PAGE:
A member of the famous Arguello family, intimately connected with the early history of San Jose, Santa Clara, Monterey and San Francisco, Julio Arguello was born at the old Arguello home at Santa Clara on December 9, 1870, one of the first mansions built there. It was later sold to Senator James W. Phelan and now it is the property of the University of Santa Clara and one of the college buildings will be erected on its site. It was the center of much of the social life of its day and its razing removes another landmark reminiscent of the past generation. The Arguello home was built by Don Jose Ramon Arguello, for many years the leading citizen of Santa Clara, being the son of Gov. Luis Antonio Arguello, first governor of California under the Mexican regime and now buried at the Mission Dolores, San Francisco. His father was Commandante Jose Arguello, a Castilian soldier, who was in charge of the Presidio at San Francisco and also at Monterey during the days of the Spanish rule. Our subject's mother was Isabel Alviso before her marriage, a member of the famous old Castilian family for whom the town of Alviso was named.

Julio Arguello lived at the Arguello mansion until he was seven years old, when the family removed to the Blake farm of 320 acres on Quito Road at Los Gatos, now the property of P. J. Walker. There he was reared until his fourteenth year, when he entered pt. Mary's College at San Francisco, from which he was graduated at the age of eighteen. Don Jose Ramon Arguello died in 1876, when Julio was six years old, the father of fourteen children, and the mother later married again. Of these children only three survive: Isabel, the widow of Nicholas Denne, of Santa Barbara; Quito and Julio. Don Jose Arguello was at one time the most extensive landowner in the Santa Clara Valley, and he was the pioneer who donated the right of way to the Southern Pacific Railroad through his large holdings.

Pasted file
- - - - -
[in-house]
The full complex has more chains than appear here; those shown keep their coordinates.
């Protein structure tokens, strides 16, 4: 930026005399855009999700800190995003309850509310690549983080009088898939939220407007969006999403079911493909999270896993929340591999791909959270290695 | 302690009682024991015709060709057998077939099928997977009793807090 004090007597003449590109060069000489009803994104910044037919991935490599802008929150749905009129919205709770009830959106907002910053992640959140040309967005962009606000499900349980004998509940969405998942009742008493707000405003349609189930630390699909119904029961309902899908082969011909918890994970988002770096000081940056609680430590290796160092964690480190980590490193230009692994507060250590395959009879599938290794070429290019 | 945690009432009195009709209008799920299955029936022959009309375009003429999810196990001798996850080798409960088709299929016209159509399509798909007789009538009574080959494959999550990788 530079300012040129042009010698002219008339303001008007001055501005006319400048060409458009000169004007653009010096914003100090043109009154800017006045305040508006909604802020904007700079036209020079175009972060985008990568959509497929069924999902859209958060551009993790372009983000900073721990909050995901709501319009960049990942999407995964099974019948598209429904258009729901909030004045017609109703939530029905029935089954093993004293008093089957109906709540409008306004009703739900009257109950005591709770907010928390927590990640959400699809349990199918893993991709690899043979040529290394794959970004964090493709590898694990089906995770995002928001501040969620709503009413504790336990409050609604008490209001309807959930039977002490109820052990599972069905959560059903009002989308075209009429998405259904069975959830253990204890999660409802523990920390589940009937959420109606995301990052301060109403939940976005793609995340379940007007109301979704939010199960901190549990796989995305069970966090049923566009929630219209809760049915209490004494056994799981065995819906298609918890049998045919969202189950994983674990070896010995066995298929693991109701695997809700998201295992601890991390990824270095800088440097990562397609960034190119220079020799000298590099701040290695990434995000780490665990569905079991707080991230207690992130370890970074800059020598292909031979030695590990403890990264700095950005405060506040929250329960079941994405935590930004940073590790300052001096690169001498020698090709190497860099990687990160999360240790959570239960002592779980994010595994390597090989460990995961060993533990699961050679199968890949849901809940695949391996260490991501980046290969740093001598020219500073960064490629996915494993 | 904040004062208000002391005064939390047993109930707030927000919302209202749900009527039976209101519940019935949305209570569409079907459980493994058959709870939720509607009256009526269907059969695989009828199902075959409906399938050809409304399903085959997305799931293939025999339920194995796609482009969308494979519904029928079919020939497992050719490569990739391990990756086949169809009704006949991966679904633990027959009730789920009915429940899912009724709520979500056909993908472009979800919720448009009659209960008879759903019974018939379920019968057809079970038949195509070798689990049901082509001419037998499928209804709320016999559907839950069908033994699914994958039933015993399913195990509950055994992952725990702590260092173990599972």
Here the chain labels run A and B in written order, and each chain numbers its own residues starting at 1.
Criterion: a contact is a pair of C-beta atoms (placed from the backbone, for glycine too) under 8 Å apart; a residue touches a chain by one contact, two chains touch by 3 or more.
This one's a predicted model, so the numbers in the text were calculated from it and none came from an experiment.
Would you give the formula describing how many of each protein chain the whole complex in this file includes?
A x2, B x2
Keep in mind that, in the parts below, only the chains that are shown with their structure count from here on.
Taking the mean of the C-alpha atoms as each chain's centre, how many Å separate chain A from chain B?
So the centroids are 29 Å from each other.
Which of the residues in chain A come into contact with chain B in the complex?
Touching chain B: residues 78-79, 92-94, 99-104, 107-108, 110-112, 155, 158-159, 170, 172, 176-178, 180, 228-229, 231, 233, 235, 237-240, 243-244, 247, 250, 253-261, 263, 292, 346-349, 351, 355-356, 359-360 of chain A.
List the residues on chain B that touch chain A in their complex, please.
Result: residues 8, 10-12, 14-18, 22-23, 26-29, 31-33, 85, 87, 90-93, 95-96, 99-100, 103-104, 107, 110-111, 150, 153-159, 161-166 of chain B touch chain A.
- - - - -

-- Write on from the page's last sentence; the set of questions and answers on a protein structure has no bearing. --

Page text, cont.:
Mr. Arguello's marriage united him with Miss Sarah Maud Jones, who was born in Wisconsin, but was reared in Minneapolis. She came to California about fifteen years ago and her marriage to Mr. Arguello occurred at San Jose in 1911. By his first marriage Mr. Arguello had a daughter, Claire, now the wife of James Cortelyou. For some time Mr. Arguello was successfully engaged as a real estate broker, his specialty being the handling of vineyards in the San Joaquin Valley. He closed some of the important deals in this section, among them being the sale of the American vineyards at Del Rey and Hanford, the two bringing $525,000, the William Neumann vineyard at Belmont Avenue and Del Rey Road, which sold for $210,000, and many others. Mr. Arguello died from pneumonia, after an illness of only eight days, on February 14, 1922, and was buried at Santa Clara.

Sawyer, Eugene T, History of Santa Clara County, California : Los Angeles, Calif.: Historic Record Co., 1922, 1776 pgs. page 1599


SANTA CLARA COUNTY The Valley of Heart's Delight